Menopause is one of the important causes of osteoporosis which results from estrogen deficiency. In addition, some clinical and experimental evidence indicates that there is an association between increasing pro-inflammatory cytokine activity and postmenopausal bone loss. The purpose of this study was to determine the effect of garlic tablet on pro-inflammatory cytokines in postmenopausal osteoporotic women.
The present study was a double-blind randomized controlled clinical trial in Yazd conducted during November 2009 until July 2010. The sample included 44 postmenopausal osteoporotic women who were randomly assigned into two groups: the garlic group (GG) and the placebo group (PG). Participants in GG took two garlic tablets daily for 1 month and the participants in PG took placebo tablets in the same manner. Serum interlukin-1, interlukin-6, and tumor necrosis factor alpha (TNF-α) were measured using the ELISA method before and after the intervention. Also, 24-hour dietary recall was recorded for estimation of daily intake of some nutrients. Data were analyzed using SPSS software.
There was no statistically significant difference between interlukin-1 and interlukin-6 in the two groups before and after the intervention. The mean of TNF-α did not show any statistically significant difference between the two groups before and after the intervention, but it was significantly reduced by about 47% (from 31.14±50.53 to 19.33±22.19 ng/ml, P-value = 0.05) in GG after the intervention, However, no significant difference was seen in PG.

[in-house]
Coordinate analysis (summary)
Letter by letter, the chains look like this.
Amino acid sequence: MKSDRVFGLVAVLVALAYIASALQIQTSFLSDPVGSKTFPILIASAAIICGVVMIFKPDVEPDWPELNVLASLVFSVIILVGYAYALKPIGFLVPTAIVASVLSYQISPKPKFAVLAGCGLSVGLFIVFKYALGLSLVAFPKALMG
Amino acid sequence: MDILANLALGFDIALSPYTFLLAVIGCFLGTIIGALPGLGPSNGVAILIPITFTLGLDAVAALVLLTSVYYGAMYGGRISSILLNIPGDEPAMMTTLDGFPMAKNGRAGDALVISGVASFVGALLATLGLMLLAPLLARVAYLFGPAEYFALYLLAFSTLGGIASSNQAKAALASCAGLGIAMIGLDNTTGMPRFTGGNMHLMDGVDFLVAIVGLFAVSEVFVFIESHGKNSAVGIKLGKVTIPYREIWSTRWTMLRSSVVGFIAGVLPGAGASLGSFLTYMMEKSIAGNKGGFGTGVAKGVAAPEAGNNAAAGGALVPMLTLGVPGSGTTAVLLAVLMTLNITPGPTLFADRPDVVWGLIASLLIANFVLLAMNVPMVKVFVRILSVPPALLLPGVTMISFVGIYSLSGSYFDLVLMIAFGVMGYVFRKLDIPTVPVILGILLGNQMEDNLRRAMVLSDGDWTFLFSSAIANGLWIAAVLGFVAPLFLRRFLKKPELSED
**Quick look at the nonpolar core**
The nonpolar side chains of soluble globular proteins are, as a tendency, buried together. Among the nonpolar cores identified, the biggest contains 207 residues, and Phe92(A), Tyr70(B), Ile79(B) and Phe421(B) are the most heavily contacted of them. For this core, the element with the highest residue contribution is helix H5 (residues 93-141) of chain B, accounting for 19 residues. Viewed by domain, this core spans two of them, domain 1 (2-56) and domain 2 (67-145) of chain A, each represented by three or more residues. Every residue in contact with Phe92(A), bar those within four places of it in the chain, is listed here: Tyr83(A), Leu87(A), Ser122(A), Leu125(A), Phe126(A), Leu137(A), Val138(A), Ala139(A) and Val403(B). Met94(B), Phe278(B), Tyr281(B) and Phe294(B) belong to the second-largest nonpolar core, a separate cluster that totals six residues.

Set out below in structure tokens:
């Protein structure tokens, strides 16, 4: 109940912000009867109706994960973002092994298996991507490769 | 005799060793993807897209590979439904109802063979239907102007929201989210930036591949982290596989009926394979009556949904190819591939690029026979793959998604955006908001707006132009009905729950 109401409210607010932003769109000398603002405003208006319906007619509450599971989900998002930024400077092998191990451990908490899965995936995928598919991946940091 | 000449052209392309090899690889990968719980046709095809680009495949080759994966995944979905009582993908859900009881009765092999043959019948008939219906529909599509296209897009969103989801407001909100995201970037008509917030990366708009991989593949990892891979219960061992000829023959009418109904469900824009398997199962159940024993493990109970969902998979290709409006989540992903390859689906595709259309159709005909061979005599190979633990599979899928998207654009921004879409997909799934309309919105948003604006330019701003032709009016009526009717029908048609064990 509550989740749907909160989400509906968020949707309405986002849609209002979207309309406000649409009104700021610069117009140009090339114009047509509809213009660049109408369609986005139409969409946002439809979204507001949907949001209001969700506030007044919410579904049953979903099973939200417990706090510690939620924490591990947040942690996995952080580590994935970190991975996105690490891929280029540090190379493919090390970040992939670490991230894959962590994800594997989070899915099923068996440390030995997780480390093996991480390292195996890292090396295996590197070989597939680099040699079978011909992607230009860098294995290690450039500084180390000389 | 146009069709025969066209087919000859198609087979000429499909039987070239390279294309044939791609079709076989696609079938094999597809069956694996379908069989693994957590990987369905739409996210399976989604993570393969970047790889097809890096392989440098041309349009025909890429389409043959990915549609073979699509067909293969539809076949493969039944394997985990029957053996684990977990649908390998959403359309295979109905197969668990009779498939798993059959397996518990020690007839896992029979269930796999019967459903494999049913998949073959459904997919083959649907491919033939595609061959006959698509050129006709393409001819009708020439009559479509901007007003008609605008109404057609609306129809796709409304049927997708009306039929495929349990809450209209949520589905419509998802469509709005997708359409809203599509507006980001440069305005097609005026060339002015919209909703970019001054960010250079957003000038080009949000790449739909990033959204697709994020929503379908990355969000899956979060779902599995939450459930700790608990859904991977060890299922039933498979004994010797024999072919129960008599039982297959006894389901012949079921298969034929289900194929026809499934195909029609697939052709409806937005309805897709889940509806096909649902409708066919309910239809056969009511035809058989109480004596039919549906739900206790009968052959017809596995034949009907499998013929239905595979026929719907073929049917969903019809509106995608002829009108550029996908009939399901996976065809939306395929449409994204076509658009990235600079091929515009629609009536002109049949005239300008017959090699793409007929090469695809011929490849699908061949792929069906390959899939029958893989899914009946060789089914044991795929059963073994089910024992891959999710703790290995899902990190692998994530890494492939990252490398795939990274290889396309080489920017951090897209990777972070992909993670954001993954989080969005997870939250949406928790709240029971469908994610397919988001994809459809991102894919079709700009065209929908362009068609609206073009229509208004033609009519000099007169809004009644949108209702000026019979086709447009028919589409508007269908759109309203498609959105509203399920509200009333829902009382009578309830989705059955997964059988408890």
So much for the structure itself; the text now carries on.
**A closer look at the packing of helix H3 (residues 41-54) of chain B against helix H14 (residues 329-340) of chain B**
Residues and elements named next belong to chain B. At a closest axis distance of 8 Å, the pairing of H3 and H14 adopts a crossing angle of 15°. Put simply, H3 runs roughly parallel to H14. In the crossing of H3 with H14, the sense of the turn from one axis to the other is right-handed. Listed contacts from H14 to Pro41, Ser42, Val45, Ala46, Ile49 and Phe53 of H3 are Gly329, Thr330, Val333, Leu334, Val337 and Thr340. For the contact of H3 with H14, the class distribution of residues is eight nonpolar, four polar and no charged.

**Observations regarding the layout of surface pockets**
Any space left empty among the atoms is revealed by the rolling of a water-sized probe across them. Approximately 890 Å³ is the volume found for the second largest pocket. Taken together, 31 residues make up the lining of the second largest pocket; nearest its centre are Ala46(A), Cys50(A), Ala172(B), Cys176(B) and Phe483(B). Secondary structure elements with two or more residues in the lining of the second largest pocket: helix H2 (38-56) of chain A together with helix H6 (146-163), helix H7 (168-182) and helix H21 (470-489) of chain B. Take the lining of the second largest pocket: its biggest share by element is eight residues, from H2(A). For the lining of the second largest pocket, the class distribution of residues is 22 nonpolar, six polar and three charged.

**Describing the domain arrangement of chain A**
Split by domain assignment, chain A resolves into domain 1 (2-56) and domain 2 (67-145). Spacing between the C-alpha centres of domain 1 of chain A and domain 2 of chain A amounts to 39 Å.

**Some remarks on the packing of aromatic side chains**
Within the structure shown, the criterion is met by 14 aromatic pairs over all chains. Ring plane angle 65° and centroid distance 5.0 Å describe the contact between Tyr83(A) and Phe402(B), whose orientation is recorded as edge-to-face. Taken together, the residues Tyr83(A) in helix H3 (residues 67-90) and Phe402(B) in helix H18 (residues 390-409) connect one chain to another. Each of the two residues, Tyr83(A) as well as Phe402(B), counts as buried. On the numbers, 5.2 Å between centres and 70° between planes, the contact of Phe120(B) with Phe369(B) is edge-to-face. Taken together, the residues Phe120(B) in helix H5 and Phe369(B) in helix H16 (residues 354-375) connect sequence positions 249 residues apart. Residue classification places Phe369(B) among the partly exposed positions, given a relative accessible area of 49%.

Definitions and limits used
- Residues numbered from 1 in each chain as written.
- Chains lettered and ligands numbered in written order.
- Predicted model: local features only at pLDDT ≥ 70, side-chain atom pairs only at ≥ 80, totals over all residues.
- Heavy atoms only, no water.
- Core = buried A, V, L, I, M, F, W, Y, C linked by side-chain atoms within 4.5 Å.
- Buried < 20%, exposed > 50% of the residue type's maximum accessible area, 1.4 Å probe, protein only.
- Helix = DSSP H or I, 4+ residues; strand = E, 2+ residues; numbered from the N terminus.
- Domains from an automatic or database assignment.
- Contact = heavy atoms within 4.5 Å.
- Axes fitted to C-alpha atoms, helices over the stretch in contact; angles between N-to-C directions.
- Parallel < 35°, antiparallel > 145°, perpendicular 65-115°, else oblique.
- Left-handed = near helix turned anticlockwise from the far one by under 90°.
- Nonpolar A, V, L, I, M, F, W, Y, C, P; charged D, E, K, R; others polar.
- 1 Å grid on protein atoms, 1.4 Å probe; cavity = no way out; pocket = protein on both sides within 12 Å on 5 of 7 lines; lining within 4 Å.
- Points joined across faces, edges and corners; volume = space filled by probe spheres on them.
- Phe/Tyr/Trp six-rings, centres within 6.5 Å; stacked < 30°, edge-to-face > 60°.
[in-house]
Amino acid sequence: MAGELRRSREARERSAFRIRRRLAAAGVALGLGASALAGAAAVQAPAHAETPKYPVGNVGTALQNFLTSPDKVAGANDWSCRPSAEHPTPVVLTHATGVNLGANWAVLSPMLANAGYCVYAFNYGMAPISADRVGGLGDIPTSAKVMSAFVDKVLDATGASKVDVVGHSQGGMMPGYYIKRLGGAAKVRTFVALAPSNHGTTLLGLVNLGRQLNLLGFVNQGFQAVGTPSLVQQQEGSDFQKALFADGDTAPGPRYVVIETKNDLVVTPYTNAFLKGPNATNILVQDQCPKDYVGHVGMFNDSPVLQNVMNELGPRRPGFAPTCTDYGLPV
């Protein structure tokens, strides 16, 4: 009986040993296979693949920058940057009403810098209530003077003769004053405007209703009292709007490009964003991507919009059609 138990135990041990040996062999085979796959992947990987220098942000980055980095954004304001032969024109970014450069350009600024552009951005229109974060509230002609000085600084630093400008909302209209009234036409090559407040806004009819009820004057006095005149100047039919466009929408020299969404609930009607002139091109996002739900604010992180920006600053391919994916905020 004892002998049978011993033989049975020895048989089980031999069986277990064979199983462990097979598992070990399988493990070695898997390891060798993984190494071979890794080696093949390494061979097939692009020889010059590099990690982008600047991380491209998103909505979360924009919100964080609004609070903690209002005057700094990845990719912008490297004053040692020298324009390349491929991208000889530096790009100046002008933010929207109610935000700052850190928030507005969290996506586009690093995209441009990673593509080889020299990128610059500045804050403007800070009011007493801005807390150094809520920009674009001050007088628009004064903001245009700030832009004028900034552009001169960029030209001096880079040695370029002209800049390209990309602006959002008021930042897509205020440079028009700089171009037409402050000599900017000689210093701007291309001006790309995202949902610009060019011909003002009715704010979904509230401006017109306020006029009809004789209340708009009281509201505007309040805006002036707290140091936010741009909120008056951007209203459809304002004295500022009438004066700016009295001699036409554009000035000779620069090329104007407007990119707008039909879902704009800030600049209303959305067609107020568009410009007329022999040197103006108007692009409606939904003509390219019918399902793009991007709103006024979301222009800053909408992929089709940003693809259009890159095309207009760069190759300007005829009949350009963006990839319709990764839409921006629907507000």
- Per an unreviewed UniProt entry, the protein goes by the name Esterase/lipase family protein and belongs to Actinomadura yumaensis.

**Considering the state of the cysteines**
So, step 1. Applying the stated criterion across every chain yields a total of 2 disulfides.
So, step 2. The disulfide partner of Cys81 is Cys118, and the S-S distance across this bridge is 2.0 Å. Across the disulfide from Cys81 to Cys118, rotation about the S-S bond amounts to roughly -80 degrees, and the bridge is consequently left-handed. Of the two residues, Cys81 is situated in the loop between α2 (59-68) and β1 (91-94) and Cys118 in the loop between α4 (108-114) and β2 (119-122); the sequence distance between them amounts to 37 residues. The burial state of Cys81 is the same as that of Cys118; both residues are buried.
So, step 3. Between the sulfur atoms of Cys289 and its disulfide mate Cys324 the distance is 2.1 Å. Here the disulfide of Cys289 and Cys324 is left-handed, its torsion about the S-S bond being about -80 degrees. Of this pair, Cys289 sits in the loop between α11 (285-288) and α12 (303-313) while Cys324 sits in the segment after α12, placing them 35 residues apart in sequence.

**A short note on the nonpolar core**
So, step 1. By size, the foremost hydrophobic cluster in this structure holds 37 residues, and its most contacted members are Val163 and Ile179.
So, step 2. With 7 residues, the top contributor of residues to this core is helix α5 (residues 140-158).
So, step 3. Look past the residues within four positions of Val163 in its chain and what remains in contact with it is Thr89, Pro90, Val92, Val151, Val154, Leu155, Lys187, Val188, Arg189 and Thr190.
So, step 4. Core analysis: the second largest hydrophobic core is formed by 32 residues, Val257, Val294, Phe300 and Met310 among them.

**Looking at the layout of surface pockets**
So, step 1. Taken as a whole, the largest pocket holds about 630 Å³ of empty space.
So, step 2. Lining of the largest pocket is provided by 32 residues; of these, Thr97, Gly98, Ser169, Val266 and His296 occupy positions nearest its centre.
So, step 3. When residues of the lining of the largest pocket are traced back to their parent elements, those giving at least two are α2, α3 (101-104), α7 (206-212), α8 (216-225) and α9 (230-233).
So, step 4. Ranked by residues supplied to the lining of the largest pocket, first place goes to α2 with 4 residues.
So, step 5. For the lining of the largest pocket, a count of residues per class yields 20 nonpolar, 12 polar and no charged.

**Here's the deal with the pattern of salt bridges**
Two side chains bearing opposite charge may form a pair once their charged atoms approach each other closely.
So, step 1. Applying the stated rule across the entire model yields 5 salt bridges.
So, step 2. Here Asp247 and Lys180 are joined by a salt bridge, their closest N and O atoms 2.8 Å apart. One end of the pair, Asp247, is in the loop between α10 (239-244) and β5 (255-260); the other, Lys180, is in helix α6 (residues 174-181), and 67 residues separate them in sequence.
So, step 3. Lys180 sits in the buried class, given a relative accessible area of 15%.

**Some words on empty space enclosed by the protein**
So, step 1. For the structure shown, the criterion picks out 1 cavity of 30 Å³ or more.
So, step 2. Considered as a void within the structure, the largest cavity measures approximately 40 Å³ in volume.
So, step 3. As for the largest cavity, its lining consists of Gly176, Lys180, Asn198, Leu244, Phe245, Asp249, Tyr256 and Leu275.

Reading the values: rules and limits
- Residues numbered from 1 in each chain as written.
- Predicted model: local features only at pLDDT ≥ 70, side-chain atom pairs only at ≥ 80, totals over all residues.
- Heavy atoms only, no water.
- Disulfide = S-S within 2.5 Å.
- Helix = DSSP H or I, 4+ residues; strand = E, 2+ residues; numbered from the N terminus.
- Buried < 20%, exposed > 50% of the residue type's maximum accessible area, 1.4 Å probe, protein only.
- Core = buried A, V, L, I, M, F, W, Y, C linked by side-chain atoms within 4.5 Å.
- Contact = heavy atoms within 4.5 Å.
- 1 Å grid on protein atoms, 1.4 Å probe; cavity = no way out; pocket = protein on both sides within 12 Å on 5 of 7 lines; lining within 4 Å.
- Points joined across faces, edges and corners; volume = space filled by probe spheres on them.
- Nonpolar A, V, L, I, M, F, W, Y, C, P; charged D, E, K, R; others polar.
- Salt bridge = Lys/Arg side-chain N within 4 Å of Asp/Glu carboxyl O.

The present study produced some evidence for an immunomodulatory effect of garlic, as well as the modulation of cytokine production.
[Show abstract][Hide abstract] ABSTRACT: Introduction:
Because 30 to 70% of tumour patients use complementary and alternative medicines; herb-drug combinations are particularly frequent in this population. Some of these combinations can critically alter exposure of anti-neoplastic and palliative treatment.
This review summarises pharmacokinetic drug interactions caused by the herbal products most frequently used by tumour patients (garlic, ginkgo, ginseng, echinacea and St John's wort [SJW]).
Herb-drug interactions, in general, and some interactions in particular (e.g., transporters, Phase II metabolism enzymes) are still poorly investigated and are difficult to evaluate because mixtures are administered with variable and often unspecified amounts of ingredients. Current evidence suggests that garlic and ginkgo can be safely co-administered, whereas CYP2C9 substrates (e.g., warfarin) should be monitored closely when ginseng therapy is started. Echinacea can induce drug metabolism mediated by CYP3A, but most likely relevant when administered with substances with a narrow therapeutic index or low oral bioavailability. The most relevant herbal perpetrator drug is SJW, which has substantial impact on CYP3A4- and CYP2C9-mediated metabolism and P-glycoprotein-mediated transport. This may lower exposure of co-administered drugs by up to 70%. Such an interaction is expected to occur with most of the tyrosine kinase inhibitors, but current evidence is limited.
Expert Opinion on Drug Metabolism & Toxicology 01/2014; 10(3). DOI:10.1517/17425255.2014.873786 · 2.83 Impact Factor
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